Politics is always personal, for somebody…
A friend told me that she voted Leave because of immigrants taking all the jobs and pushing the wages down. I pointed out that my husband is an immigrant, a rather well-paid one at that. Well, she of course quickly said that this had nothing to do with me and my husband, it would not affect us in any way.
It’s the other immigrants that are the problem.
I’m not sure how I’m supposed to take that. Yes, we would probably have no problem obtaining residence permits, should that ever become necessary. After all, we’re middle-class, university-educated, speak excellent English, earn a decent income, pay our taxes (well, I earn my income and pay my taxes in Finland), support local businesses and charities…
That should give us an ‘amnesty‘???
I don’t want to be a second-class citizen in a country that used to consider me an equal. Been there, done that: I lived in France in the mid-80’s, before Finland joined the EU, and I have absolutely no desire to repeat the humiliating experience of applying for visas and permits and God knows what.
Having that EU passport is invaluable to me
It has opened up so many opportunities for both me and my husband, from studying and living abroad to simply maintaining our lifestyle (= having two homes in two countries). Also, even though we have different nationalities, there is no complicated red tape required for us to live together. Getting married to another EU national was no more complicated than marrying a Finn. Neither one of us needs a residence or a work permit in each other’s home country. Or in our adopted third home country, the UK. For now, that is. This may of course change after the UK leaves the EU, and at this point nobody knows what will happen. And yes, this uncertainty is shared by a lot of British citizens living abroad, too.
I come from a small country on the edge of Europe
Most people have never heard of this country, and probably couldn’t care less. It has never been a major player in international politics, and its biggest claim to fame is that it has a very long border and a reasonably good and stable relationship with a rather moody, imperialistic neighbour. Yet, this country is prosperous and egalitarian (by any international standards) and proud of its sovereignty.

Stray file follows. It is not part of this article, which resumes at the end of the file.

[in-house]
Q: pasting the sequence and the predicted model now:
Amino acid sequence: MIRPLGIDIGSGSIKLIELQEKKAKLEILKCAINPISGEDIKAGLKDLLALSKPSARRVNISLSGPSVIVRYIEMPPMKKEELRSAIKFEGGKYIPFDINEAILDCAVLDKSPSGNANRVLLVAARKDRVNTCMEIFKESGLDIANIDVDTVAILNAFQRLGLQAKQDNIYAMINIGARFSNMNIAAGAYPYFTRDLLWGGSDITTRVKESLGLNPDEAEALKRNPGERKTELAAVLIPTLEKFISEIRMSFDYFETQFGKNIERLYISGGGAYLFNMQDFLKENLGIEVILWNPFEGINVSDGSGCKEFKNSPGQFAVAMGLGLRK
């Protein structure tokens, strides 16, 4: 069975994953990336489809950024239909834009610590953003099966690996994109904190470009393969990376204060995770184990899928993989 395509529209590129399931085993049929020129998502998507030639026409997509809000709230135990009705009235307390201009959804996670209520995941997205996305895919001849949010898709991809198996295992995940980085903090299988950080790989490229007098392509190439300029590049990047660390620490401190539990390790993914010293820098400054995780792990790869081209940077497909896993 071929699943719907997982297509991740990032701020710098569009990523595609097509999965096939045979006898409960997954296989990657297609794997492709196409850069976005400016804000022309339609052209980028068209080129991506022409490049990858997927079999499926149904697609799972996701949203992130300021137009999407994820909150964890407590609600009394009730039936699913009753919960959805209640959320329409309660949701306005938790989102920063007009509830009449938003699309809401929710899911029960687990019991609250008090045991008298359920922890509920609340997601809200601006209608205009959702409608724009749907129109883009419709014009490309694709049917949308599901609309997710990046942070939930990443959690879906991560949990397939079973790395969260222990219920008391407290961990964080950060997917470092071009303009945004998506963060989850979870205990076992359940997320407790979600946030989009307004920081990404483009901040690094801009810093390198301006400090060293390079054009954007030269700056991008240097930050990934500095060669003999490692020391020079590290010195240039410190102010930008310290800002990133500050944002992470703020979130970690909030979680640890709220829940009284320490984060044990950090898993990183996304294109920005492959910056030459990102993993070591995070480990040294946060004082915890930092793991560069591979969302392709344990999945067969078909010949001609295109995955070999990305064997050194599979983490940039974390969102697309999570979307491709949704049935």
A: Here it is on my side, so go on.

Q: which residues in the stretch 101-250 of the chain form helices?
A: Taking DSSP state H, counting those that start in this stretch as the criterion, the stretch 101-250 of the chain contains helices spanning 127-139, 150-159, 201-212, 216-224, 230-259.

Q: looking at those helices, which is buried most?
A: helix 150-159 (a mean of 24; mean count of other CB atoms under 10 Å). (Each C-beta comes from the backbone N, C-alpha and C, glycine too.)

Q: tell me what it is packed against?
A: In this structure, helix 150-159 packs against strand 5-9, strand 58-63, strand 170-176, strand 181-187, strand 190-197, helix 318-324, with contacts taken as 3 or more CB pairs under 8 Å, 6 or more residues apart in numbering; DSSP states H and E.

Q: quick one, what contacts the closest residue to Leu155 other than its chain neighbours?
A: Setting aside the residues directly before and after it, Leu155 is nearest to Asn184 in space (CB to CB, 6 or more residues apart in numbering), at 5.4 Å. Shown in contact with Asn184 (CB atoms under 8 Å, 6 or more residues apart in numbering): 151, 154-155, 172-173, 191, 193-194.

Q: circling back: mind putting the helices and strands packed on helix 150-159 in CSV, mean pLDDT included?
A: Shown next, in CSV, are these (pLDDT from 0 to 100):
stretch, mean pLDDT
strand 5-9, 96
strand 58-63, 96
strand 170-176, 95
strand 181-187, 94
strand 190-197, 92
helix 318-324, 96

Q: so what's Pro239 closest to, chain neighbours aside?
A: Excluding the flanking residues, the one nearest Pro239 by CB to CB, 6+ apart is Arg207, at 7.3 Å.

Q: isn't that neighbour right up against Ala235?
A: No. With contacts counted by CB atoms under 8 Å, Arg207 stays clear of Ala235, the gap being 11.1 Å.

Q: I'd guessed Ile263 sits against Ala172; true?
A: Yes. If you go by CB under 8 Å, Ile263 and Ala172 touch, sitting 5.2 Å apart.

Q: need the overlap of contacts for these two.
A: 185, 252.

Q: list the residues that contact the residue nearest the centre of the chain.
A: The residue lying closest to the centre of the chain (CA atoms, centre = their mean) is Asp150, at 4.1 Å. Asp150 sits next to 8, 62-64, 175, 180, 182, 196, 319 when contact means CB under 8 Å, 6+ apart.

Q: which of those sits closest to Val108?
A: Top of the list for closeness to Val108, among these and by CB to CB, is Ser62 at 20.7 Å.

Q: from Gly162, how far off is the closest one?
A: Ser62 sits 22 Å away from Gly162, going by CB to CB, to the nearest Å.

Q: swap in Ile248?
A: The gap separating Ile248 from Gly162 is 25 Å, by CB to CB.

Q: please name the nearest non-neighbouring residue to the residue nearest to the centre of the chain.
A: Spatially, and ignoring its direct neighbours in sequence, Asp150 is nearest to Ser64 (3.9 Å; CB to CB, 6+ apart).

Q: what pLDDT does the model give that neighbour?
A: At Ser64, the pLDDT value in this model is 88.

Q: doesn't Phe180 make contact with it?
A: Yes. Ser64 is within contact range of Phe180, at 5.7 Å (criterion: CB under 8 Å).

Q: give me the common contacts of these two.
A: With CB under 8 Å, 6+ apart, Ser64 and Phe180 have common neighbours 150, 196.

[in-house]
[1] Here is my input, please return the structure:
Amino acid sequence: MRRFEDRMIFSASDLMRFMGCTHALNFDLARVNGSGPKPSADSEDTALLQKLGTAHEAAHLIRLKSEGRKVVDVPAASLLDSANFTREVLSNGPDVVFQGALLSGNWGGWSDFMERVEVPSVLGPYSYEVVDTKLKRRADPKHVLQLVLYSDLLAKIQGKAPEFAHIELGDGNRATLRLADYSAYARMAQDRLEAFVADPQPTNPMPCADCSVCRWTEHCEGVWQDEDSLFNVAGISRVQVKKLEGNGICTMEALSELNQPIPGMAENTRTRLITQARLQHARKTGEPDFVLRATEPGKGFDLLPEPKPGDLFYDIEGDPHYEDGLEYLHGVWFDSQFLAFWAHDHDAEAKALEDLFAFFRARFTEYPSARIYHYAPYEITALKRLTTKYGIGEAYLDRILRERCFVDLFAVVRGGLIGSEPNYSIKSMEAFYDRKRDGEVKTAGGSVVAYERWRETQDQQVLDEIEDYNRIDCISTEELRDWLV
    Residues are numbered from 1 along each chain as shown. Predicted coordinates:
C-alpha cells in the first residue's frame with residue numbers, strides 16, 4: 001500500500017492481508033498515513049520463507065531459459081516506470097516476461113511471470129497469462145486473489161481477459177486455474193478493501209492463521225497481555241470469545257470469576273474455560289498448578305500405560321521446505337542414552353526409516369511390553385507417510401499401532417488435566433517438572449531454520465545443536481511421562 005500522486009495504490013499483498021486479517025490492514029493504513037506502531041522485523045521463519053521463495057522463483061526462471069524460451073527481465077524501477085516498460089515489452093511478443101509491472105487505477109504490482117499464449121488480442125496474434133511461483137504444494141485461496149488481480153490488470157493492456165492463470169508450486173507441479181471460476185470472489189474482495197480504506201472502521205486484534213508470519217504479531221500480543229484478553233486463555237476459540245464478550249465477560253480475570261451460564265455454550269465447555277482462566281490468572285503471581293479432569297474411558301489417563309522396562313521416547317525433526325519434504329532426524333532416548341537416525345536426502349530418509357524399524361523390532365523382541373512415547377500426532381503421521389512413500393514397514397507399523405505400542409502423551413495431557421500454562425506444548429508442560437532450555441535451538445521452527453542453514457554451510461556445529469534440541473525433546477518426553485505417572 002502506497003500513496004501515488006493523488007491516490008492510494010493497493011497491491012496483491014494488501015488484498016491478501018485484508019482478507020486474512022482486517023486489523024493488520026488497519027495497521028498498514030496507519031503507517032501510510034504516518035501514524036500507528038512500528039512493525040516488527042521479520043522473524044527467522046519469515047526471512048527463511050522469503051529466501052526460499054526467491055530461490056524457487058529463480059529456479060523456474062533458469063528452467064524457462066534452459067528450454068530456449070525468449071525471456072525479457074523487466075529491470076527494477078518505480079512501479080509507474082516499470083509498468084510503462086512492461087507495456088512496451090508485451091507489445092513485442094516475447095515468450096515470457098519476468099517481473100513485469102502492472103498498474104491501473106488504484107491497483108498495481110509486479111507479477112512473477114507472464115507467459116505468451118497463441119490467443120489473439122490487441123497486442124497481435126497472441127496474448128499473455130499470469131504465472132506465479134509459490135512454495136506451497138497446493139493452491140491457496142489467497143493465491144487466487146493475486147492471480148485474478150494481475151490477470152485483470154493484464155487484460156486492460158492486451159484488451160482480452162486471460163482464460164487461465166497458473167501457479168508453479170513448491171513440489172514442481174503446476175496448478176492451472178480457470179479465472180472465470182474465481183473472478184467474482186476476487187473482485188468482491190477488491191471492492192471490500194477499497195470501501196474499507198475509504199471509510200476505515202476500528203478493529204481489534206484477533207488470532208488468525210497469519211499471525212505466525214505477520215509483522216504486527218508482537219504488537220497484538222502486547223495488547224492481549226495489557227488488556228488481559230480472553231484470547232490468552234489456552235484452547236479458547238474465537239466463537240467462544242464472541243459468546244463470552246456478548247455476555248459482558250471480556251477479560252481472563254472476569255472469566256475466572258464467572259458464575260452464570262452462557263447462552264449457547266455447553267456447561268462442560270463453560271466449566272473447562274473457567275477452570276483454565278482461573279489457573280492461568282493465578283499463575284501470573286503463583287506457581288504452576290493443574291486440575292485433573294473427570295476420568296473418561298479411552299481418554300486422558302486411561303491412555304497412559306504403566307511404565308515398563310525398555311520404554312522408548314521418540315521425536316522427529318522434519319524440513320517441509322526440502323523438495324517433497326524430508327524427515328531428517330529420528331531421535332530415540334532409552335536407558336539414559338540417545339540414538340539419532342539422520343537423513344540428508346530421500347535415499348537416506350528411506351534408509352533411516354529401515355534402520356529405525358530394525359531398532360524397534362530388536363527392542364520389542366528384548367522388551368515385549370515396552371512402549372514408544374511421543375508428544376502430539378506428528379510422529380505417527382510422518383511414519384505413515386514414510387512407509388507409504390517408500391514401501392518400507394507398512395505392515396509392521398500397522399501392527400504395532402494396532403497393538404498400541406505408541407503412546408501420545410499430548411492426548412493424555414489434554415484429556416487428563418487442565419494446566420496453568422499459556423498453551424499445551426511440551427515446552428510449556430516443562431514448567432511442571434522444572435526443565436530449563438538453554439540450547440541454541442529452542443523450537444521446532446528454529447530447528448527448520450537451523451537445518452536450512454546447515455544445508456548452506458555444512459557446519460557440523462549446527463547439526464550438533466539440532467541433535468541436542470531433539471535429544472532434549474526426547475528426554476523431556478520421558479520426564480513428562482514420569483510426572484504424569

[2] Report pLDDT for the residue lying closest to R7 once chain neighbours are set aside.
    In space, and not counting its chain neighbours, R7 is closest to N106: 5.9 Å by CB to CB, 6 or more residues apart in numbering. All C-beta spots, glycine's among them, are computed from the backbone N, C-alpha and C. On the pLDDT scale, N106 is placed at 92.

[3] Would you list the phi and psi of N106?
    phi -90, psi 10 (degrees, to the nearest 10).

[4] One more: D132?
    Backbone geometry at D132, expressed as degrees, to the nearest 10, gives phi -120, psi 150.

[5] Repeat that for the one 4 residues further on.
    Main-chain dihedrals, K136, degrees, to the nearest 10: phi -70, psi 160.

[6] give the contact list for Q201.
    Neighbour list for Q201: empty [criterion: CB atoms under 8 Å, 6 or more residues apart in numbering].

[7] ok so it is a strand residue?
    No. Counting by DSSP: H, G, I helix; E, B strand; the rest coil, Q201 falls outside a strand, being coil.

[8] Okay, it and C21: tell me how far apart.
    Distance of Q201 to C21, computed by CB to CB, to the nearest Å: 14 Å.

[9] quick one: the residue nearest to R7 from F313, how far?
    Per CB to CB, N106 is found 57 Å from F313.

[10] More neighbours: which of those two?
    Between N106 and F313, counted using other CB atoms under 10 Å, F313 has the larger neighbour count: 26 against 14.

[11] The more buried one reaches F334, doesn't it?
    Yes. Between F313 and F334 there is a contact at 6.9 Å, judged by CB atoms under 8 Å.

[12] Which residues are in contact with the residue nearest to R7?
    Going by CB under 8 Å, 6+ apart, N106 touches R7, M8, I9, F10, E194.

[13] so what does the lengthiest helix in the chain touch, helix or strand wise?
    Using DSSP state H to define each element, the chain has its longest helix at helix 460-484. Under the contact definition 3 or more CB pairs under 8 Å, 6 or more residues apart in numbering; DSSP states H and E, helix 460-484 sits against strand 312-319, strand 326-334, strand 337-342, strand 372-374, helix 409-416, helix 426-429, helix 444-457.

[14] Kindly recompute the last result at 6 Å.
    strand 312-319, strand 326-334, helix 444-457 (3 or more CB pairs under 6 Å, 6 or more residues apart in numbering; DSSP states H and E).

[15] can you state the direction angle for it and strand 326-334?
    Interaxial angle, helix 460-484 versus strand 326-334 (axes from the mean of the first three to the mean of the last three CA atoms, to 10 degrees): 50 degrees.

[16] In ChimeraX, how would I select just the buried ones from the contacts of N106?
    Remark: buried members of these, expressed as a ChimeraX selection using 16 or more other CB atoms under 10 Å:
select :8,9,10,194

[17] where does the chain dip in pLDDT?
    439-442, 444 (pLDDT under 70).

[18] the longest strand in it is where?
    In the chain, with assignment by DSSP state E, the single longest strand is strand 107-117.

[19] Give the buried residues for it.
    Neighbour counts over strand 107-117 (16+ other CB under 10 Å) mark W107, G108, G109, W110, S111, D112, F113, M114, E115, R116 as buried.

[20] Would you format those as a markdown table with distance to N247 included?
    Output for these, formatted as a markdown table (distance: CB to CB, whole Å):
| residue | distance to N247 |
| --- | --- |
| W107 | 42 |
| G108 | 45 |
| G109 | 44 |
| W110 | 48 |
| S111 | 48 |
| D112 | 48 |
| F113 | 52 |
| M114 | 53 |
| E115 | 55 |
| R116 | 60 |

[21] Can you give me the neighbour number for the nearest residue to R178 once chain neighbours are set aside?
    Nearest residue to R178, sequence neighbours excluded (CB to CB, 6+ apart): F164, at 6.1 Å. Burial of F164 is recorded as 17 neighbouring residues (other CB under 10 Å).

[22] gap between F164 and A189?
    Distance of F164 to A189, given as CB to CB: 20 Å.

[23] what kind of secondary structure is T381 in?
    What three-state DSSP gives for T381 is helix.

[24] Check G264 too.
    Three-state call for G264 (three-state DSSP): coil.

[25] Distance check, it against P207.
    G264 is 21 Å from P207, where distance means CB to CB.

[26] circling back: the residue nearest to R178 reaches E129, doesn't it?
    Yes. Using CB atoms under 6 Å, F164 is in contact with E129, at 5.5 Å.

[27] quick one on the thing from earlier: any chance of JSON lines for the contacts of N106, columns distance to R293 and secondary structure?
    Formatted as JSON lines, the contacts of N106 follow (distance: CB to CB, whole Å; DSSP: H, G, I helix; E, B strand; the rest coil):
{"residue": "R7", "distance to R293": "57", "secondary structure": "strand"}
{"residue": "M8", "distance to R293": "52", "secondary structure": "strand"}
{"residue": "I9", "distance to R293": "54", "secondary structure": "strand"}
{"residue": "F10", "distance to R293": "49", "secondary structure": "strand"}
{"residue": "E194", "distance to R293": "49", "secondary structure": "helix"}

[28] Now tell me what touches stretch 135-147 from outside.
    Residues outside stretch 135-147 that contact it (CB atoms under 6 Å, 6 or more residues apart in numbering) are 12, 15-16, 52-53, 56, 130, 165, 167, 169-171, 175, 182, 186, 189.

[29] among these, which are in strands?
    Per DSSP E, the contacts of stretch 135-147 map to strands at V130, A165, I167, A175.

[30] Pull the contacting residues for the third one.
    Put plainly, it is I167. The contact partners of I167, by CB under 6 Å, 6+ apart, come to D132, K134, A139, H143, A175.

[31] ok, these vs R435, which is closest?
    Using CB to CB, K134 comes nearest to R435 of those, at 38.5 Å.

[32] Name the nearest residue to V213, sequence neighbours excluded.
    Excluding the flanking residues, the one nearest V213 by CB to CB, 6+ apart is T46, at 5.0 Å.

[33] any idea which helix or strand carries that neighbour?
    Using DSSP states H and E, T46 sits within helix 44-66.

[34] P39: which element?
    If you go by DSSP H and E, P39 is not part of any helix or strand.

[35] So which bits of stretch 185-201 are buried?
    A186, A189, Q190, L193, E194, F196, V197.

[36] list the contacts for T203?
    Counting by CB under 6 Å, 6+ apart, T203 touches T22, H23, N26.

And yes, there are Eurosceptic populist parties there, too, just like everywhere else in Europe. And the complaints are the same as in the UK: the Finnish net contribution to the EU budget is high, mass immigration (of refugees) and economic recession. But in a politically and economically stable country (with a dozen or so different political parties) a “Fixit” referendum is extremely unlikely.
And even though Finland has never been particularly welcoming to foreigners, even the most fervent populists wouldn’t want to close the door on our EU neighbours (just on non-EU nationals…).
Being a European is just as big a part of my identity as being a Finn is
I want to preserve that sense of community of independent nations that the EU has created.
Yes, the EU is a monumental bureaucratic machine which can alienate ordinary people. But undemocratic? Hardly. We, the citizens of various EU countries, elect our representatives to work on issues that we find important. We, and our representatives, can shape the EU policy. It is an extremely slow process, of course, and can only be conducted within the EU. And yes, the EU must change, and become something that we, Europeans, find beneficial to our lives. It is the responsibility of our national parliaments and our EU representatives to see that populist, disruptive forces do not destroy what generations of people have built. The EU is us, and Europe is our home. We are all part of the same family of (soon only) 27 nations, we must work together. I’m sad that the UK will not be part of this anymore.